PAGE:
PARIS.- Swiss photographer Sabine Weiss has been photographing people with the same unflaggingly tender curiosity for 45 years. Assistant to fashion photographer Willy Maywald in the late 1940s, she was trained in the best studio lighting techniques and this experience paradoxically helped her to understand the full potential of natural light to convey emotion. A member of the Rapho agency since 1953, she has become associated with a line of so-called 'humanist' photographers who played a key role in the history of the 1950s and 60s. She has produced many fashion pieces and portraits of celebrities and artists (Giacometti, Braque, etc) for Vogue magazine.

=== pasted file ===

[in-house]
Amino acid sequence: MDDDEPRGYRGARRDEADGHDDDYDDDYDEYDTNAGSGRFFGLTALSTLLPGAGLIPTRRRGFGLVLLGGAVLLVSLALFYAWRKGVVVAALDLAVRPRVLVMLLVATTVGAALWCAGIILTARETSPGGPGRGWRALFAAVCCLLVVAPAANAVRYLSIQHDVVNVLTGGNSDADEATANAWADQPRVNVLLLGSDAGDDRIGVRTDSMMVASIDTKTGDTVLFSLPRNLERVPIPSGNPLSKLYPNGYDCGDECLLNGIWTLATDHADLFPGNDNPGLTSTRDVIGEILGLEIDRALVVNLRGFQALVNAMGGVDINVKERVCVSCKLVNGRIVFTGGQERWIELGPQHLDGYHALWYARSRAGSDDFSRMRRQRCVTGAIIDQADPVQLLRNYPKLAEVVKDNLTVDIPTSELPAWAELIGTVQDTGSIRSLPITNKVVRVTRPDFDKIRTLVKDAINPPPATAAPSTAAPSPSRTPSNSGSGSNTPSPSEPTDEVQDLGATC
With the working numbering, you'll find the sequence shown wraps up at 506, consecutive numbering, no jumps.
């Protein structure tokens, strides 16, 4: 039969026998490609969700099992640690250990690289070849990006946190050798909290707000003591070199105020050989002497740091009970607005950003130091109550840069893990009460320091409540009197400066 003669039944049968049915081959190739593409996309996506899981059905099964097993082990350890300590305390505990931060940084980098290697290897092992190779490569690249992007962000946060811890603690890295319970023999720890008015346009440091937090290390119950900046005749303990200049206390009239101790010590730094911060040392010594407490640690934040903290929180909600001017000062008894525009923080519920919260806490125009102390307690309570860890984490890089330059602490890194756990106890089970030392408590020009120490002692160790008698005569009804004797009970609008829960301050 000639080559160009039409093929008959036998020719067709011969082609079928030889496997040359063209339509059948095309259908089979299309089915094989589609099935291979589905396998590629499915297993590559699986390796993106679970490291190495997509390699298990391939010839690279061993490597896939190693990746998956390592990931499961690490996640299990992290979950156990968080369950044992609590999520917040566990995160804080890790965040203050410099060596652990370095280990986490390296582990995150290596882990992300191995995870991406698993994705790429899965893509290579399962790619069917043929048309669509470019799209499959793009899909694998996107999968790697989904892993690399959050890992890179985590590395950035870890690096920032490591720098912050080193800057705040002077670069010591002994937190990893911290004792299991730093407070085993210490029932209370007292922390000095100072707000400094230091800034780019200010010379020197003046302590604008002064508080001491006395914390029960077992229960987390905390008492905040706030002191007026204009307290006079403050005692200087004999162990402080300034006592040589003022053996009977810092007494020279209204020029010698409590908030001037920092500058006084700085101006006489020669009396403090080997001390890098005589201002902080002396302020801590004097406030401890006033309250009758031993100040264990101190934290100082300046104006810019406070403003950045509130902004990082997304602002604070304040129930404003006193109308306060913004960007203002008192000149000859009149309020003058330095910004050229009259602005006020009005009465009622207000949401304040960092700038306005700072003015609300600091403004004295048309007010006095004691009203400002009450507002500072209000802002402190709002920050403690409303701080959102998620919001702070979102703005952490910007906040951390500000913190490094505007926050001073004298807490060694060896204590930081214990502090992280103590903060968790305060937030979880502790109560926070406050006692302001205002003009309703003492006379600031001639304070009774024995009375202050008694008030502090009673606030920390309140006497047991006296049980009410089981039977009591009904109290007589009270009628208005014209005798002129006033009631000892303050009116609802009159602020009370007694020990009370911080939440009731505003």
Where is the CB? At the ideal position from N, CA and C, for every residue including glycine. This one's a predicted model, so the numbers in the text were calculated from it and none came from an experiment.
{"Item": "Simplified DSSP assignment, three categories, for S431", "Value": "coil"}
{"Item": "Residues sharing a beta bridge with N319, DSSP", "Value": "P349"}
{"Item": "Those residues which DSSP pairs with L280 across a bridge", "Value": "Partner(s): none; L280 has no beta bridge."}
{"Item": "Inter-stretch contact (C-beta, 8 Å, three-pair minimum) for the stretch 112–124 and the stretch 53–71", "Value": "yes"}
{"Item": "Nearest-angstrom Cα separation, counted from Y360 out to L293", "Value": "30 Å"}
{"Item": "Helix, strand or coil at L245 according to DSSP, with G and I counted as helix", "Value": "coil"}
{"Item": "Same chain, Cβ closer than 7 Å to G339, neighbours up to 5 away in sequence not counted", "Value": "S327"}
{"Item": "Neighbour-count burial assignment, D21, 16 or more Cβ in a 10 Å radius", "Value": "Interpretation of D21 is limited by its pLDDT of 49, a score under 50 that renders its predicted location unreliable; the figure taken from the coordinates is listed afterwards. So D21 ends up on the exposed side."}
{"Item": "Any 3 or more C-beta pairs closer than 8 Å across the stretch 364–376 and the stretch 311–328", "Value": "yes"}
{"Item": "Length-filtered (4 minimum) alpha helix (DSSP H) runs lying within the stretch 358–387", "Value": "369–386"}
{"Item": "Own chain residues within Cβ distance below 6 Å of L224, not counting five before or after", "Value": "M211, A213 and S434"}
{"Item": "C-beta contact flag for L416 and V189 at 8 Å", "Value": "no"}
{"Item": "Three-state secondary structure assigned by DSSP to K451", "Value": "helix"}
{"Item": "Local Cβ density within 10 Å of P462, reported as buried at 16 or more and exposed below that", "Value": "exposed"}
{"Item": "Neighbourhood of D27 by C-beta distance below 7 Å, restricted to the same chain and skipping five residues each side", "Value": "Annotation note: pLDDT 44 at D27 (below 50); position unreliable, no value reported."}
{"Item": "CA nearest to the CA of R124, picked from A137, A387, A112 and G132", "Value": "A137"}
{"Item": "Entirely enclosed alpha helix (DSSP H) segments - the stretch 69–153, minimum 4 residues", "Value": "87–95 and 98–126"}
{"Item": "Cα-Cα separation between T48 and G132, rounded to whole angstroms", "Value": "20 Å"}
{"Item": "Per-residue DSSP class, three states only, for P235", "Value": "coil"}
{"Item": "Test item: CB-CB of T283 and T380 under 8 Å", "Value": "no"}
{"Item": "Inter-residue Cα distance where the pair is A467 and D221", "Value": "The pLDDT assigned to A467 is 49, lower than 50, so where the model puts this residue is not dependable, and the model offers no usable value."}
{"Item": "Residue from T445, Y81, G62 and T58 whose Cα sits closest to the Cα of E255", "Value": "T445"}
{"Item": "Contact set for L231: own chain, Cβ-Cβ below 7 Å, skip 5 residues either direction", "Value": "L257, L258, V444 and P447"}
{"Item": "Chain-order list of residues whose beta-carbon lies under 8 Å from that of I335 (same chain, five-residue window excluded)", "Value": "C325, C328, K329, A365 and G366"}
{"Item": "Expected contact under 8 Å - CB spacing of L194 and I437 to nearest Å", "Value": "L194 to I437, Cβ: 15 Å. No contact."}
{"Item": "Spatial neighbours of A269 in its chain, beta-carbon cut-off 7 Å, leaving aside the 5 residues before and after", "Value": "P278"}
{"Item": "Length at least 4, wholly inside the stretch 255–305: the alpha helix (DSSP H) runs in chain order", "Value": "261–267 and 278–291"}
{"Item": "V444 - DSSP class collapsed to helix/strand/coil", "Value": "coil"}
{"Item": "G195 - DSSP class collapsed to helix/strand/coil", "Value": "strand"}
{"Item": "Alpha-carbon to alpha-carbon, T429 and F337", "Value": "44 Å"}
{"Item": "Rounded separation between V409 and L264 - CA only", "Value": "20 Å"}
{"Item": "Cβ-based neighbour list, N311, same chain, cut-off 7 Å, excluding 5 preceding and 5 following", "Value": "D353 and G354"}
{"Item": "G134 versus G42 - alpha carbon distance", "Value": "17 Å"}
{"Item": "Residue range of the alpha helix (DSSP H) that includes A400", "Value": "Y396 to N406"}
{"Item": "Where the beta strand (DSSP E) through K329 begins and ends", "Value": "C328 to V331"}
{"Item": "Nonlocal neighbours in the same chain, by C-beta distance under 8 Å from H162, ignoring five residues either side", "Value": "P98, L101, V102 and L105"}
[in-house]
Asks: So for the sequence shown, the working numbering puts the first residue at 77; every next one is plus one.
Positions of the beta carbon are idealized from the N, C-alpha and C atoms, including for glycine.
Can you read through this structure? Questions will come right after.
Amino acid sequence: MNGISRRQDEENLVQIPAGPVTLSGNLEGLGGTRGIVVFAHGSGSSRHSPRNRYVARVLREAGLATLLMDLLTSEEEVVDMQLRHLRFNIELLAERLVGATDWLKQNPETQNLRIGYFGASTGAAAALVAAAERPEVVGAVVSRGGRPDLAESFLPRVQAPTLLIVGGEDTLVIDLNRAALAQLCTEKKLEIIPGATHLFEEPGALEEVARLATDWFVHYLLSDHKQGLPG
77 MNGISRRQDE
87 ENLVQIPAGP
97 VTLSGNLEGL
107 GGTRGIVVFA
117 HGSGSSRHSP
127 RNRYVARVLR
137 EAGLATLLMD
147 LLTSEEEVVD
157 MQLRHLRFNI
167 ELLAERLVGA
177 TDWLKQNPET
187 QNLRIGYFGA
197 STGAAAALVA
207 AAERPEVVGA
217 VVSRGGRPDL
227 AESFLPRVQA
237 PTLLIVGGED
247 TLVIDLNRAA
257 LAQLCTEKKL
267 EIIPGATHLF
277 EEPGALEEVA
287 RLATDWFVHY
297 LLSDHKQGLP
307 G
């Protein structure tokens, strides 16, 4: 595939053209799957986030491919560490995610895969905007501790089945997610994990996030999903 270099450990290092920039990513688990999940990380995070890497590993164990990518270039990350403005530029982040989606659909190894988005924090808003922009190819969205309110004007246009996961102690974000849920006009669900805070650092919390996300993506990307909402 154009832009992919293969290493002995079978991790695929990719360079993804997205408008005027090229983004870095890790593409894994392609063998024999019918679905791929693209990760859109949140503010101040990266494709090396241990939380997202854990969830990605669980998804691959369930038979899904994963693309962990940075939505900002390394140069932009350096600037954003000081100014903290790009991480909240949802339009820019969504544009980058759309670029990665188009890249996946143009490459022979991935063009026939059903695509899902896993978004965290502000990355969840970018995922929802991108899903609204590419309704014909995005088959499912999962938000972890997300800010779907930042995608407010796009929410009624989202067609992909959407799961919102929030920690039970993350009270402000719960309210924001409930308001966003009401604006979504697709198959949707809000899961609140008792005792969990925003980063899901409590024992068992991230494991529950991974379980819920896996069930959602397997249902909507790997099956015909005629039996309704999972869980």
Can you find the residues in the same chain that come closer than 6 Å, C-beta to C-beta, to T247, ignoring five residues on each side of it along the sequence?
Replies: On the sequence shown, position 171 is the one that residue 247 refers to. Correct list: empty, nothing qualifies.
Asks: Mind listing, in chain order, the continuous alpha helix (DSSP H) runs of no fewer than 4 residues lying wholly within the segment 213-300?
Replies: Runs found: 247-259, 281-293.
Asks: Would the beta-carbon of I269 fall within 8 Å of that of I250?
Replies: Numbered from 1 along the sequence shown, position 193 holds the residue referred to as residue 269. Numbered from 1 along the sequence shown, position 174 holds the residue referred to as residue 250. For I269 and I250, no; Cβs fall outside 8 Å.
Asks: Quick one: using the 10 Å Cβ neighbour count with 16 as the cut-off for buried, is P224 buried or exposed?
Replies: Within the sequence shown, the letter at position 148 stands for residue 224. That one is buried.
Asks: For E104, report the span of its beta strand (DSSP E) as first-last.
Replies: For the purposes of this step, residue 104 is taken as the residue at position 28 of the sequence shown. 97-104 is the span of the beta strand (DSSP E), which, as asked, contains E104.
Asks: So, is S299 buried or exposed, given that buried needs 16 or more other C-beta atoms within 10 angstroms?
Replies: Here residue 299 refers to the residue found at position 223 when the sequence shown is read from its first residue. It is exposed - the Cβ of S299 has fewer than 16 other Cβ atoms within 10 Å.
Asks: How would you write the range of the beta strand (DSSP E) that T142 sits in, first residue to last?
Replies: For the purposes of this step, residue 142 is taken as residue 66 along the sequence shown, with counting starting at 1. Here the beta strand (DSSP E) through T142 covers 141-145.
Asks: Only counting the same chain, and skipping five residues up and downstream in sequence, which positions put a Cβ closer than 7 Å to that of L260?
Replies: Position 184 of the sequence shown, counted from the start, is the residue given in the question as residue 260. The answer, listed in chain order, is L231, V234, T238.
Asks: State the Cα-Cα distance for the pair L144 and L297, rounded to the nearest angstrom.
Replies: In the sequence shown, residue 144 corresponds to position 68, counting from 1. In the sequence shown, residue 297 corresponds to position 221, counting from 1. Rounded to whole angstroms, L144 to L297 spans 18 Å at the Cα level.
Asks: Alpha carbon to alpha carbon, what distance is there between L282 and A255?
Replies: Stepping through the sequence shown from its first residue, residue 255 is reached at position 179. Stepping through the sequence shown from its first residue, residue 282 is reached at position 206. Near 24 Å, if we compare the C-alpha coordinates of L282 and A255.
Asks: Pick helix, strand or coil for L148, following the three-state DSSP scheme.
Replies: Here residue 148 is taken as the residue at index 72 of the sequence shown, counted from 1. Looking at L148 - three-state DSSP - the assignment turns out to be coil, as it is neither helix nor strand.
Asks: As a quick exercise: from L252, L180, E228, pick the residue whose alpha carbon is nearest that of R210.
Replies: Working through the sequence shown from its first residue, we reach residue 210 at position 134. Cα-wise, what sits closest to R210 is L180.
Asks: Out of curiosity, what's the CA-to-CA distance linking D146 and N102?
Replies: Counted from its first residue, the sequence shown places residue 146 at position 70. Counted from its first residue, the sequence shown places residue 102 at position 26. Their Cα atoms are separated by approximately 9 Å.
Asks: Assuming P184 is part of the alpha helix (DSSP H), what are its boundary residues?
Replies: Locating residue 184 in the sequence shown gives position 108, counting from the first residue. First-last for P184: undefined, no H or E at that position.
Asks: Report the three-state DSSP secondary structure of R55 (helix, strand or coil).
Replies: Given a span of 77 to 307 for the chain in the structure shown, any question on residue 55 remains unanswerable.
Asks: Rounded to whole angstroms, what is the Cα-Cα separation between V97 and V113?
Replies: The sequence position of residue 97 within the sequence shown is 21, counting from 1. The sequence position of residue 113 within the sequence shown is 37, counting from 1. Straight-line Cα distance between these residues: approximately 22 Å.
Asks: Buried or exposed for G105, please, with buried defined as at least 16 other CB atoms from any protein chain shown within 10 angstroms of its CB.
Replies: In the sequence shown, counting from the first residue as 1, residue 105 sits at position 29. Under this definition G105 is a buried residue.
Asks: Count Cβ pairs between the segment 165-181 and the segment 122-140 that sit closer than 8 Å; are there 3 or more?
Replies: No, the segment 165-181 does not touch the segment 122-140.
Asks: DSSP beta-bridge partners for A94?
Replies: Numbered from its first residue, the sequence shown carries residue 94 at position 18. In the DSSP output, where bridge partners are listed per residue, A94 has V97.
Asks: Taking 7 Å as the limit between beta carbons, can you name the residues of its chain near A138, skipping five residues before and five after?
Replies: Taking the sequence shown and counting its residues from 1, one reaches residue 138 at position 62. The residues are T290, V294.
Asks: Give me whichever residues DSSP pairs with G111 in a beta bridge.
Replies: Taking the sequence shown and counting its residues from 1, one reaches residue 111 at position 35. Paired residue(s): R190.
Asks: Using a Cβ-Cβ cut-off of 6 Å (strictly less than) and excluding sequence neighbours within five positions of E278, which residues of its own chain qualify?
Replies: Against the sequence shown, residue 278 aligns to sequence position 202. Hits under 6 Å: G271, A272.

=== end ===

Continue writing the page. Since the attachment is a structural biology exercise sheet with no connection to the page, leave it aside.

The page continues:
An important and regular contributor to the American press, she has also produced interior design photos for international magazines, as well as publicity work. She applies the same skill and sensitivity to reportage in a wide variety of subject fields. In addition to her commissioned work, she has always made pictures 'for herself'. During her travels she has gradually turned almost exclusively to black and white reportage, a medium that expresses the relationship between Man and his world more "calmly and simply" and which captures the plenitude of light that has been her obsession. Creating endless dialogues as she travels with her camera, her eye translates the poignant moment where a gesture or a posture suddenly reveals the entire essence of a person.